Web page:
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Stepping up Monetary Policy to Knock Economy

31-Jul-2020 by Naliniprava Tripathy

India’s coronavirus epidemic is now growing at the fastest rate in the world, rising at 20% over the last week with more than 1.4 million confirmed cases, with daily cases now at ~50,000 per day. This means that the lockdown restrictions are going to further continue which would continue to dampen the consumer sentiments and poses severe headwind to a recovery. In fact, fiscal stimulus announced earlier have been ineffective due to expenditure cuts and increased taxes on gasoline and related products. This has in fact, added pressure on inflation and one of the reasons for inflation rising to 6.1% in June 2020. This is against the consensus estimate of 5.3% [1] as well as higher than the RBI’s target range of inflation of 2-6%.

Given the above, they key driver at this moment in RBI’s radar would be growth, which has many are predicting to be below 0 levels for India. In fact, the consensus estimate is at -2.8% for the current year (2020-21) and therefore, rate cuts during the year are warranted at this point in time. Economists are expecting a prolonged ‘U-shaped’ recovery rather than a ‘V-shaped; recovery which was predicted in earlier times. The demand side, which has shown a weak recovery since early May on a phased reopening of the economy, now appears to have stagnated since Mid-June at depressed levels. India agriculture boost is only silver lining amid pandemic situation. Surplus monsoon rains and the migration of workers from urban areas to rural hometown due to lockdown are giving rise to a supply- led boost to agriculture activity. The cumulative rainfall surplus from 1 June to 25 July was 4.8% higher than the average leading to higher agriculture sowing of 18.5% YoY.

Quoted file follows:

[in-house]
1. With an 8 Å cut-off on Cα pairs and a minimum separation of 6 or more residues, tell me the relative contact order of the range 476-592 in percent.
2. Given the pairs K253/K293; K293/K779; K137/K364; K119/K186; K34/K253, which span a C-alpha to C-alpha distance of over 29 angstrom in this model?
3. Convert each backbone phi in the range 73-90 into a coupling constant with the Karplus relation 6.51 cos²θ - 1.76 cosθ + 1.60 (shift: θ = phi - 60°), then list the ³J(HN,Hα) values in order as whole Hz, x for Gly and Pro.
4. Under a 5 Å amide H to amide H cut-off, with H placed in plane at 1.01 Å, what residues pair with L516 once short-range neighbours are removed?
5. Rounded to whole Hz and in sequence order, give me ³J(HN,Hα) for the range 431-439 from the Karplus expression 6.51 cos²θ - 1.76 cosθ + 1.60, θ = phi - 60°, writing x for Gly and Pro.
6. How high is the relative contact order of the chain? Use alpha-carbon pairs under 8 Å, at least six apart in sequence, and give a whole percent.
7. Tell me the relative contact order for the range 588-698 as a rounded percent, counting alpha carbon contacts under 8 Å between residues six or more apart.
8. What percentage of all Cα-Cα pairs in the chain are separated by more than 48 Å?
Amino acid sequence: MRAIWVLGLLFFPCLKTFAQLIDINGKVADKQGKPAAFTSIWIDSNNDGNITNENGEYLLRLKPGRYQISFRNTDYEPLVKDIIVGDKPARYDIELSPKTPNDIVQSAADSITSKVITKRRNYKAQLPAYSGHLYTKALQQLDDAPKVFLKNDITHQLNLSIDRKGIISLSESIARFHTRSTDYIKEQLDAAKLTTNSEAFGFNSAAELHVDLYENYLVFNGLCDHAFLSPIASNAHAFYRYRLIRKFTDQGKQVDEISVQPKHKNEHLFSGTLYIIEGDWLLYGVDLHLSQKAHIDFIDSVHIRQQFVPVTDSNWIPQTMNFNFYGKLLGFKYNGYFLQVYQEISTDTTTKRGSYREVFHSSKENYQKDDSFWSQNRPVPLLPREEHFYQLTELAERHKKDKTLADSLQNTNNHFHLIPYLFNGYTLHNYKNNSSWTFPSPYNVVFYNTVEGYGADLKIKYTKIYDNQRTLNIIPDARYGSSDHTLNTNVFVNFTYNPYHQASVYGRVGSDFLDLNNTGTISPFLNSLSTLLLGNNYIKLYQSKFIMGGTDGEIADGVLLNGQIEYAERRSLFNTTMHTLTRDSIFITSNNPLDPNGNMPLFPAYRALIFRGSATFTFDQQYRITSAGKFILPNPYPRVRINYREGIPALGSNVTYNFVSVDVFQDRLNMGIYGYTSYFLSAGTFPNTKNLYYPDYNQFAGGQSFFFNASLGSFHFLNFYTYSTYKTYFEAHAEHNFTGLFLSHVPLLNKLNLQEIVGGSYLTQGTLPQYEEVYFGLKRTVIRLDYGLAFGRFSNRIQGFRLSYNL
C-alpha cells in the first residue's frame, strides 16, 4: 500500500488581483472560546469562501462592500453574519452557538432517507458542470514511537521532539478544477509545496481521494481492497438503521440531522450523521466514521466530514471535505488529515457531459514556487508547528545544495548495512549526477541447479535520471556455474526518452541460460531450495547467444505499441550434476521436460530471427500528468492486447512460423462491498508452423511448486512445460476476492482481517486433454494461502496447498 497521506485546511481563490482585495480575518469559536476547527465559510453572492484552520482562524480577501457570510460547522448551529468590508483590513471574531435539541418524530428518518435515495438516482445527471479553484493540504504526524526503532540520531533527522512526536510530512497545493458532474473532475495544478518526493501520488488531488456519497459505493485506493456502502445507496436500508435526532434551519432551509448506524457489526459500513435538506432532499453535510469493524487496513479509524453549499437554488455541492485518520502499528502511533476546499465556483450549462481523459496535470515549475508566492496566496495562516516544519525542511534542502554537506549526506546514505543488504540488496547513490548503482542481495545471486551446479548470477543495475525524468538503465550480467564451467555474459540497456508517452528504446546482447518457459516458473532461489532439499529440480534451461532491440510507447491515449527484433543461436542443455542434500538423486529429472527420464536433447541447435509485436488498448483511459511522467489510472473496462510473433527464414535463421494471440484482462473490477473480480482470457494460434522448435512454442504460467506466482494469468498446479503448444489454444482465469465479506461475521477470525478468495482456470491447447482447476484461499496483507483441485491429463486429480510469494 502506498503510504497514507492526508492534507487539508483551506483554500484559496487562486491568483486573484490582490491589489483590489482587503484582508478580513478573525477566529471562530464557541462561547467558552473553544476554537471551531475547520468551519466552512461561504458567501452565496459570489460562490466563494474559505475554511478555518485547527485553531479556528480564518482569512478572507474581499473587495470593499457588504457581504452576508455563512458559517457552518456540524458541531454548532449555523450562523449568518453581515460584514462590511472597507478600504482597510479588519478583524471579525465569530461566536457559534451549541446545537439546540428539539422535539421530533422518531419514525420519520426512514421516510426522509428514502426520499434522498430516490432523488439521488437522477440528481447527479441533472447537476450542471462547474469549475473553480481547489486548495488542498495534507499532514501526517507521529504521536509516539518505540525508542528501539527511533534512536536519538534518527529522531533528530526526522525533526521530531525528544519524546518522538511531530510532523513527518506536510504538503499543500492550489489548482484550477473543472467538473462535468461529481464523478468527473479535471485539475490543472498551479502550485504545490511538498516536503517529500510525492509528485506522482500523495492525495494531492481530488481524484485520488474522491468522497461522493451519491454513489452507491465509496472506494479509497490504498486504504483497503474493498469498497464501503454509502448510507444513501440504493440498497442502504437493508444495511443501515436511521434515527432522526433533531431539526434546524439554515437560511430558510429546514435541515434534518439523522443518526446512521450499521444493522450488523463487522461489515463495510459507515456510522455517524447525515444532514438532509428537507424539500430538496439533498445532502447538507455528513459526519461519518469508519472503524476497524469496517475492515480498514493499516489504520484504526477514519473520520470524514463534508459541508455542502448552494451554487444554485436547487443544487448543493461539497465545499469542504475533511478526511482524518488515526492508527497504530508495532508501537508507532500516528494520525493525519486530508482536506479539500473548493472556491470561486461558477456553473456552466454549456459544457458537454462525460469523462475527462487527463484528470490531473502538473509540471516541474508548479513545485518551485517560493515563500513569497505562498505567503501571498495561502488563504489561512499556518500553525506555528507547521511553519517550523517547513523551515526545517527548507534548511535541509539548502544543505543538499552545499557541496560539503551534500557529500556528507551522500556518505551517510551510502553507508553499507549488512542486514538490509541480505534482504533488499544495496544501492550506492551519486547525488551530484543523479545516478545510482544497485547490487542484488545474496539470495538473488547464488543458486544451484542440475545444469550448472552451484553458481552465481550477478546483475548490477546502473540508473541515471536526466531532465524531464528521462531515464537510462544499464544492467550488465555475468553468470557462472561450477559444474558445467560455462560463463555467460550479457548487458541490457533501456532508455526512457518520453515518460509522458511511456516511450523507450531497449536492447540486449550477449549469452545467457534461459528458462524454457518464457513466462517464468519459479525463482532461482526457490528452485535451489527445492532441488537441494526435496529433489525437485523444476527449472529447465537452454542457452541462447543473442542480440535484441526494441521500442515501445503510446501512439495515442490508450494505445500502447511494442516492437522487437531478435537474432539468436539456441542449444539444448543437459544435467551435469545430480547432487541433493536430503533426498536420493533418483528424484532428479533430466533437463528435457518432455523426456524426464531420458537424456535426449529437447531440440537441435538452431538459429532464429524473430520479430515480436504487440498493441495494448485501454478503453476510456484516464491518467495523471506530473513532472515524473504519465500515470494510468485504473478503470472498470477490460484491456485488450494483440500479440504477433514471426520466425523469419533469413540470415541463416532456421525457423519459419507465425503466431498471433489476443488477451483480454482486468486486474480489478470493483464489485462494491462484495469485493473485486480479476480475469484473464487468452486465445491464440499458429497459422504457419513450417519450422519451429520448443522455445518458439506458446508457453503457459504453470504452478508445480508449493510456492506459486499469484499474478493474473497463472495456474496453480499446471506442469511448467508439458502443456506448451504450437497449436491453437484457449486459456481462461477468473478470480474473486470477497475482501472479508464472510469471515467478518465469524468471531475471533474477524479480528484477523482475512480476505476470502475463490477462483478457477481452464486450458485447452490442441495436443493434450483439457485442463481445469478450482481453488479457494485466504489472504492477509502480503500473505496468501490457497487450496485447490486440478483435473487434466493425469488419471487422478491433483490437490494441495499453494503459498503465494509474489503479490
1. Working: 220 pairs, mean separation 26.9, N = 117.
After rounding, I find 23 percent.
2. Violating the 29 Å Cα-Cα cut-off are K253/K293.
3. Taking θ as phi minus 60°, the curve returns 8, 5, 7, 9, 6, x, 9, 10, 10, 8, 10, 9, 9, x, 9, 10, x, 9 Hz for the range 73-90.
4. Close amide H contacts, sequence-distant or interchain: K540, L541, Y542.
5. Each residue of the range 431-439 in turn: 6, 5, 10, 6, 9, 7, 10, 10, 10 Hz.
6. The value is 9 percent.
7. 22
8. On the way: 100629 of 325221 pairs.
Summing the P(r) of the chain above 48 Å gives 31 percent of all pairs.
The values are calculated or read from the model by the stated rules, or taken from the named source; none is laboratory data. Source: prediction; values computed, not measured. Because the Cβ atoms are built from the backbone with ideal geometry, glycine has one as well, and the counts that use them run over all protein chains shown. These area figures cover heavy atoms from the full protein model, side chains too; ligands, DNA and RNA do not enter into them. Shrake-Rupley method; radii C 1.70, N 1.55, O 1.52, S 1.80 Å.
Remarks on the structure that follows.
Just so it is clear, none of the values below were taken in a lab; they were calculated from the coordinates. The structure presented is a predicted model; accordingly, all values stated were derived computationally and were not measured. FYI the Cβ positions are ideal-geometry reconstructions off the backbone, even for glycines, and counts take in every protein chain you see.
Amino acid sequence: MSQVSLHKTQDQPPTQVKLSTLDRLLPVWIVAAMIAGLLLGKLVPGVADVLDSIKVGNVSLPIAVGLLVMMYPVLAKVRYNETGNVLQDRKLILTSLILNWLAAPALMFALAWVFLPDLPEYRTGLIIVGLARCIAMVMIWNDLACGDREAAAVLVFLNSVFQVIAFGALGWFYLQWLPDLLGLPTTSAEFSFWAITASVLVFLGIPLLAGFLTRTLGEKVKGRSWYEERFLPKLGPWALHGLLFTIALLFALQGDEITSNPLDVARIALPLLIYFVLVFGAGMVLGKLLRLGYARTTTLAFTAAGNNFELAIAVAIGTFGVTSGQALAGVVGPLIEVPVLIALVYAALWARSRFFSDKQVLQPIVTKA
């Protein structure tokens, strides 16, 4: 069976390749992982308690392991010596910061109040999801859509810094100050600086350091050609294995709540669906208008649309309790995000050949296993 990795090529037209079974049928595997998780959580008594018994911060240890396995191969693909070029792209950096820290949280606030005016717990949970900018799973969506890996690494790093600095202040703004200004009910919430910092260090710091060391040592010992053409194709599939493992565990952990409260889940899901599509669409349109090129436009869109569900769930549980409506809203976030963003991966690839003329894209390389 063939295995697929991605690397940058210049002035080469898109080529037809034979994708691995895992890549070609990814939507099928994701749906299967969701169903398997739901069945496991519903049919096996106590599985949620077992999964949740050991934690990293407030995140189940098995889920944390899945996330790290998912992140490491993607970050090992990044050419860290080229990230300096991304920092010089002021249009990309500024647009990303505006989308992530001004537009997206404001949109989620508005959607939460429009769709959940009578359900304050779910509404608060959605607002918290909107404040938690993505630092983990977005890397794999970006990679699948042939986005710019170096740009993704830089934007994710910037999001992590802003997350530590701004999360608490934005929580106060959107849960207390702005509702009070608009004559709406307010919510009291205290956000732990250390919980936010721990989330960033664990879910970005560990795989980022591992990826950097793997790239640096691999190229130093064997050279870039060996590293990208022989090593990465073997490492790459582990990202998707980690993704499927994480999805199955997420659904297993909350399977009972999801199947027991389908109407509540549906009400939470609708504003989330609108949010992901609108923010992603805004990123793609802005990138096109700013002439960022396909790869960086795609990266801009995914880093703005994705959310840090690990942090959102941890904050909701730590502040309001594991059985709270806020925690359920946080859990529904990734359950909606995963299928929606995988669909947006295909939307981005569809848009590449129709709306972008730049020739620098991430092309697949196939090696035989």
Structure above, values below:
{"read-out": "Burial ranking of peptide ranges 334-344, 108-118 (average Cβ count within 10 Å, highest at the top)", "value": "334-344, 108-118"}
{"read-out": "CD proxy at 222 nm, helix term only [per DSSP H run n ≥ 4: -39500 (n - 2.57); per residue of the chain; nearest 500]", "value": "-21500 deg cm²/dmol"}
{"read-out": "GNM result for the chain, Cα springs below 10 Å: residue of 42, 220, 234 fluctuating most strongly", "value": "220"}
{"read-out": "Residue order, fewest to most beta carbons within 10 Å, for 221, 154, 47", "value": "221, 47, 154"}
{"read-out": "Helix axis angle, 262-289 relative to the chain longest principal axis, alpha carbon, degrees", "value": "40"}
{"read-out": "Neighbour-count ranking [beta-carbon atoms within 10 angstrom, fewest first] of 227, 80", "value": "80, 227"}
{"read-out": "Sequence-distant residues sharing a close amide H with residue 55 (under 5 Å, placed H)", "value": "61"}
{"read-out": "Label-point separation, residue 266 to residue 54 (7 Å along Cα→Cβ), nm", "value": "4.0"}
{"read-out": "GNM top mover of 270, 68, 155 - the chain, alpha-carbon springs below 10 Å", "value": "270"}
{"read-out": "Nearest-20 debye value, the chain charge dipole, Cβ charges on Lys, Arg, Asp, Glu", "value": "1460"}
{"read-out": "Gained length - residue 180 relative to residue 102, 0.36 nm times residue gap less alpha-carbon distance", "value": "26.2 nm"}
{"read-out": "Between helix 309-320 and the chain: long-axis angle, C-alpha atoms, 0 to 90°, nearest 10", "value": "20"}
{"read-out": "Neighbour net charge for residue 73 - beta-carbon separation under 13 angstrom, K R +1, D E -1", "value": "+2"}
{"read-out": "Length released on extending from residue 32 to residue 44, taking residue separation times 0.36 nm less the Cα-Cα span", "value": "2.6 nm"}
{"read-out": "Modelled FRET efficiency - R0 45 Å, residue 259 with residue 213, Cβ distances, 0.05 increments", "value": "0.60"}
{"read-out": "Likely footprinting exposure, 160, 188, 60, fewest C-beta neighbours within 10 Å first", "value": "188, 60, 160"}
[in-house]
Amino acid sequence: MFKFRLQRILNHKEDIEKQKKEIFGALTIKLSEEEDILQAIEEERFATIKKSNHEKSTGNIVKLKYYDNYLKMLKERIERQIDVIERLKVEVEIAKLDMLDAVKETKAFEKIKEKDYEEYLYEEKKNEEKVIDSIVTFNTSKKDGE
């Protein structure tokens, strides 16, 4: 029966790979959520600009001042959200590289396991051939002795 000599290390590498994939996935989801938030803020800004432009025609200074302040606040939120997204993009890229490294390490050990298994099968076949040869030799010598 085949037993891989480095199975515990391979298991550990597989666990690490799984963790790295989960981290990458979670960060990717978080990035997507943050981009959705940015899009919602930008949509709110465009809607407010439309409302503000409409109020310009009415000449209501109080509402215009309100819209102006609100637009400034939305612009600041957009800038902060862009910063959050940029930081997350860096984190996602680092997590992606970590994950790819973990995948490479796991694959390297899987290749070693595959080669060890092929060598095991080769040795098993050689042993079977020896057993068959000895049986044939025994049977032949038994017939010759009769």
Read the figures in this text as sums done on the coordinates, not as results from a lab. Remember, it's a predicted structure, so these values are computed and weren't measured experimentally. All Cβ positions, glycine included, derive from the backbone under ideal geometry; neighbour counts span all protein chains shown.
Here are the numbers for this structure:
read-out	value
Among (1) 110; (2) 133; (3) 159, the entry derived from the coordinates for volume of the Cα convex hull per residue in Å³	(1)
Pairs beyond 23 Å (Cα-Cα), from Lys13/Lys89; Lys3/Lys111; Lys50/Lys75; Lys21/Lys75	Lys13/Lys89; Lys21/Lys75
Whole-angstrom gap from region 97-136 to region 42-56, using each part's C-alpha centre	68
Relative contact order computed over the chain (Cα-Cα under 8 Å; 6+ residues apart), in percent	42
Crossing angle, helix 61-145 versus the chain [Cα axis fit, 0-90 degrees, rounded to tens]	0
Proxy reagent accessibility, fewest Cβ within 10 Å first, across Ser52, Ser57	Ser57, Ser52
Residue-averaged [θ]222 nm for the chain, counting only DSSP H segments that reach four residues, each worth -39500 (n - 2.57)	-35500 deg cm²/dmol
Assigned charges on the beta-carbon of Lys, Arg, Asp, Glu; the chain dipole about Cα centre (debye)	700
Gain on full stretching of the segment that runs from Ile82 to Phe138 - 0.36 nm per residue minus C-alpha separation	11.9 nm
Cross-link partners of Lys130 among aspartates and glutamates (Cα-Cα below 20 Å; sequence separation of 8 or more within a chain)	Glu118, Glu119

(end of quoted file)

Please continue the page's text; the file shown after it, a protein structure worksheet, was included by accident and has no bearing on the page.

A drop in India’s unemployment rate masks underlying stress in the labour market. Massive migration of urban workers into rural villages marks a significant shift of labour from industrial and services sector into less productive rural activities. This is already leading to increased underemployment. Looking ahead, as demand for seasonal agricultural tasks wanes and the government’s rural expenditure runs into fiscal constraints, additional labour market stress could re-emerge.

Source: Data Sourced from Centre for monitoring Indian economy’s Consumer Pyramid’s Household Survey

Another reason for not keeping focus on inflation is because, it is expected that food prices, housing rent, retail prices to drop due to widening output gap due to demand slump. The recent pickup in food inflation is likely to be temporary and seasonal in nature. It reflects an increase in waste of perishable vegetables and fruits during the rainy months which is going to end in September. Post the monsoon, the food prices are expected to drop because of huge surplus of grains and other crops. The fundamental reasons for the surplus are increase in sharp jump of sowings, record government food grain stocks, higher levels of seasonal rains and excess labour availability.

Given the current economic conditions, a rate of 25 basis points is warranted with a guidance to further lower the policy rates in the year. The higher points rate cut was feasible at this point but for the high inflation in Q1 2020. It is expected that the policy rate to drop to 3% levels in June because of which economy can then get back into its normal system thereby, we can achieve GDP growth of >6% in FY 2021-22.

[1] As per Bloomberg estimate for June 2020